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When Tad Calcara set out to design a New Deal Swing Band concert around the music of Duke Ellington, he realized it could only be a teaser.

Ellington wrote more than 1,000 compositions, spanning jazz, blues, gospel, film scores and popular and classical music. When he died in 1974, Ellington was memorialized as one of the greatest American composers of any style — and as a great American. He was awarded the Presidential Medal of Freedom in 1969 and the Pulitzer Prize, posthumously, in 1999.

New Deal frontman Calcara, who is also the Utah Symphony's principal clarinetist, said he is amazed by the immensity and quality of the Duke's output.

"What's interesting is that even in the small pop songs, there is a lot of interesting stuff going on harmonically and melodically," Calcara said. "Certain traits are Ellingtonian in the way he would write, arrange or orchestrate for his band. He was always listening to what was happening around him and constantly evolving."

Calcara favors Ellington's Big Band period of the 1930s and '40s, maintaining that the Duke's swing music was "always a few levels above the rest — always looking for meaning, or something truly original."

Utah vocalist Melissa Pace Tanner will croon tunes such as "Don't Get Around Much Anymore" and "I Let a Song Go Out of My Heart." The band will sample some of Ellington's jazz arrangements of classical music, such as selections from Grieg's "Peer Gynt" and Tchaikovsky's "Nutcracker" suites.

Ellington was a keen observer of important people of his day, some of whom became subjects of musical portraits. His tuneful summation of tap-dance legend Bill "Bojangles" Robinson will be on the program.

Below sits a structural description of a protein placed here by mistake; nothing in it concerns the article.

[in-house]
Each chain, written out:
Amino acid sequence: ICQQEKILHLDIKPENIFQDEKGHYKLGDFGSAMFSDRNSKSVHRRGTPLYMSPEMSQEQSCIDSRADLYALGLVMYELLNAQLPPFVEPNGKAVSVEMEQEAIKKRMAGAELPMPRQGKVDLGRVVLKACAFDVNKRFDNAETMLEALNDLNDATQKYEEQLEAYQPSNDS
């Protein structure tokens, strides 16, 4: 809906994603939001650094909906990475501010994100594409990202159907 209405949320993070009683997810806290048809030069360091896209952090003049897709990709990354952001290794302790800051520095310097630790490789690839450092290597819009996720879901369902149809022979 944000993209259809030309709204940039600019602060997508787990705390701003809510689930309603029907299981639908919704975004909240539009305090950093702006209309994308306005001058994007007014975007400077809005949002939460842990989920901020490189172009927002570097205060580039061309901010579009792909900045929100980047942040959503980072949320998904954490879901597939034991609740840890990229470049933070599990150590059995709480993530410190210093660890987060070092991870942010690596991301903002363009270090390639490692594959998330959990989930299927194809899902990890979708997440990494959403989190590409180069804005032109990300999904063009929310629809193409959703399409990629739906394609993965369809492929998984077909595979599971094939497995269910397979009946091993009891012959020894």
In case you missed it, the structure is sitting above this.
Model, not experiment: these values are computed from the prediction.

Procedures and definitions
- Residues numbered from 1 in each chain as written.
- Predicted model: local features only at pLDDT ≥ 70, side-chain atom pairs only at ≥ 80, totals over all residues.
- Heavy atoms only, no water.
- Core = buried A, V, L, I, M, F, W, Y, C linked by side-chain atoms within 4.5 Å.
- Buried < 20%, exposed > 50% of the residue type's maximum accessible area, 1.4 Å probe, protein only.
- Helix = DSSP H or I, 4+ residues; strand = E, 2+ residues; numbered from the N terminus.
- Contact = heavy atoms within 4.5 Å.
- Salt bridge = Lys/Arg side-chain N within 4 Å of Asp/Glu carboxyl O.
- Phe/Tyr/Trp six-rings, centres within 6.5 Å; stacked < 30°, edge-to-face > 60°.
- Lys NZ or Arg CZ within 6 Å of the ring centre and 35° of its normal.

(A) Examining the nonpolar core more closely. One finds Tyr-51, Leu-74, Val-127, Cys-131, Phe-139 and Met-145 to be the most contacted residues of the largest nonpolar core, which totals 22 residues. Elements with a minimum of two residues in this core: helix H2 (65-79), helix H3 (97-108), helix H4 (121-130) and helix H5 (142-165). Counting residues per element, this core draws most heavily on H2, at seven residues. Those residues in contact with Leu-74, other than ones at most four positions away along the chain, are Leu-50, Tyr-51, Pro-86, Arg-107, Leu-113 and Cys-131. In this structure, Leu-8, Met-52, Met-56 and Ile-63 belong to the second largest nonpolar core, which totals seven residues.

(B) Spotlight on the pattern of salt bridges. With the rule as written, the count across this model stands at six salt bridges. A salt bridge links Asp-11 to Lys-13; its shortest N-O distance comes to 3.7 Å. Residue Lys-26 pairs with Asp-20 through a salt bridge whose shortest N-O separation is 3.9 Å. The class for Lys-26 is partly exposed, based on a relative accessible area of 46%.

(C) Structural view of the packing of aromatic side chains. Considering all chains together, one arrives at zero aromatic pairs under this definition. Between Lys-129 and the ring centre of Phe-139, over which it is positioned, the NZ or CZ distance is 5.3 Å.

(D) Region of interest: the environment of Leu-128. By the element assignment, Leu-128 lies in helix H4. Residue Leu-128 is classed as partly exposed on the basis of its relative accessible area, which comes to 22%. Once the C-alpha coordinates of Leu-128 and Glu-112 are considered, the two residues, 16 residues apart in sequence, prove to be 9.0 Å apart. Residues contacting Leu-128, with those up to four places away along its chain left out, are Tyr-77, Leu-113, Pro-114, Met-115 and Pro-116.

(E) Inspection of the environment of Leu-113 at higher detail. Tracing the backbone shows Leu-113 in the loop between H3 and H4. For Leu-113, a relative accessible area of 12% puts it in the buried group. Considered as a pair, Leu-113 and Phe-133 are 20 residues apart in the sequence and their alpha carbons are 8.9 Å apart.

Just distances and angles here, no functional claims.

"It captures so beautifully and eloquently the style of this man's tap dancing, yet it avoids the obvious clich├ęs of trying to represent tap dance musically," Calcara said.

Expect to hear signature pieces such as "Take the 'A' Train, "Creole Love Call" and "Mood Indigo." "Jungle Nights in Harlem" captures street sounds through growling tombones and bluesy saxophone licks.

As in past New Deal concerts, the band will perform from historic musical manuscripts from the Smithsonian museum and Jazz at Lincoln Center. Intermission offers an opportunity to view a lobby display of Big Band memorabilia.

During the evening's second half, the audience is invited to put Ellington's swing music to its intended purpose — dancing. Great dance tunes by Benny Goodman, Artie Shaw and Jimmy Lunceford are on the playlist, along with the Duke's immortal tunes.

Swing this way

The 16-piece New Deal Swing Band honors jazz and swing pioneer Duke Ellington.

When • Sunday, April 22, at 7 p.m.

Where • Kol Ami synagogue, 2425 Heritage Way, Salt Lake City.

Tickets • $25 ($15 seniors/students); $300 for 8-person cabaret table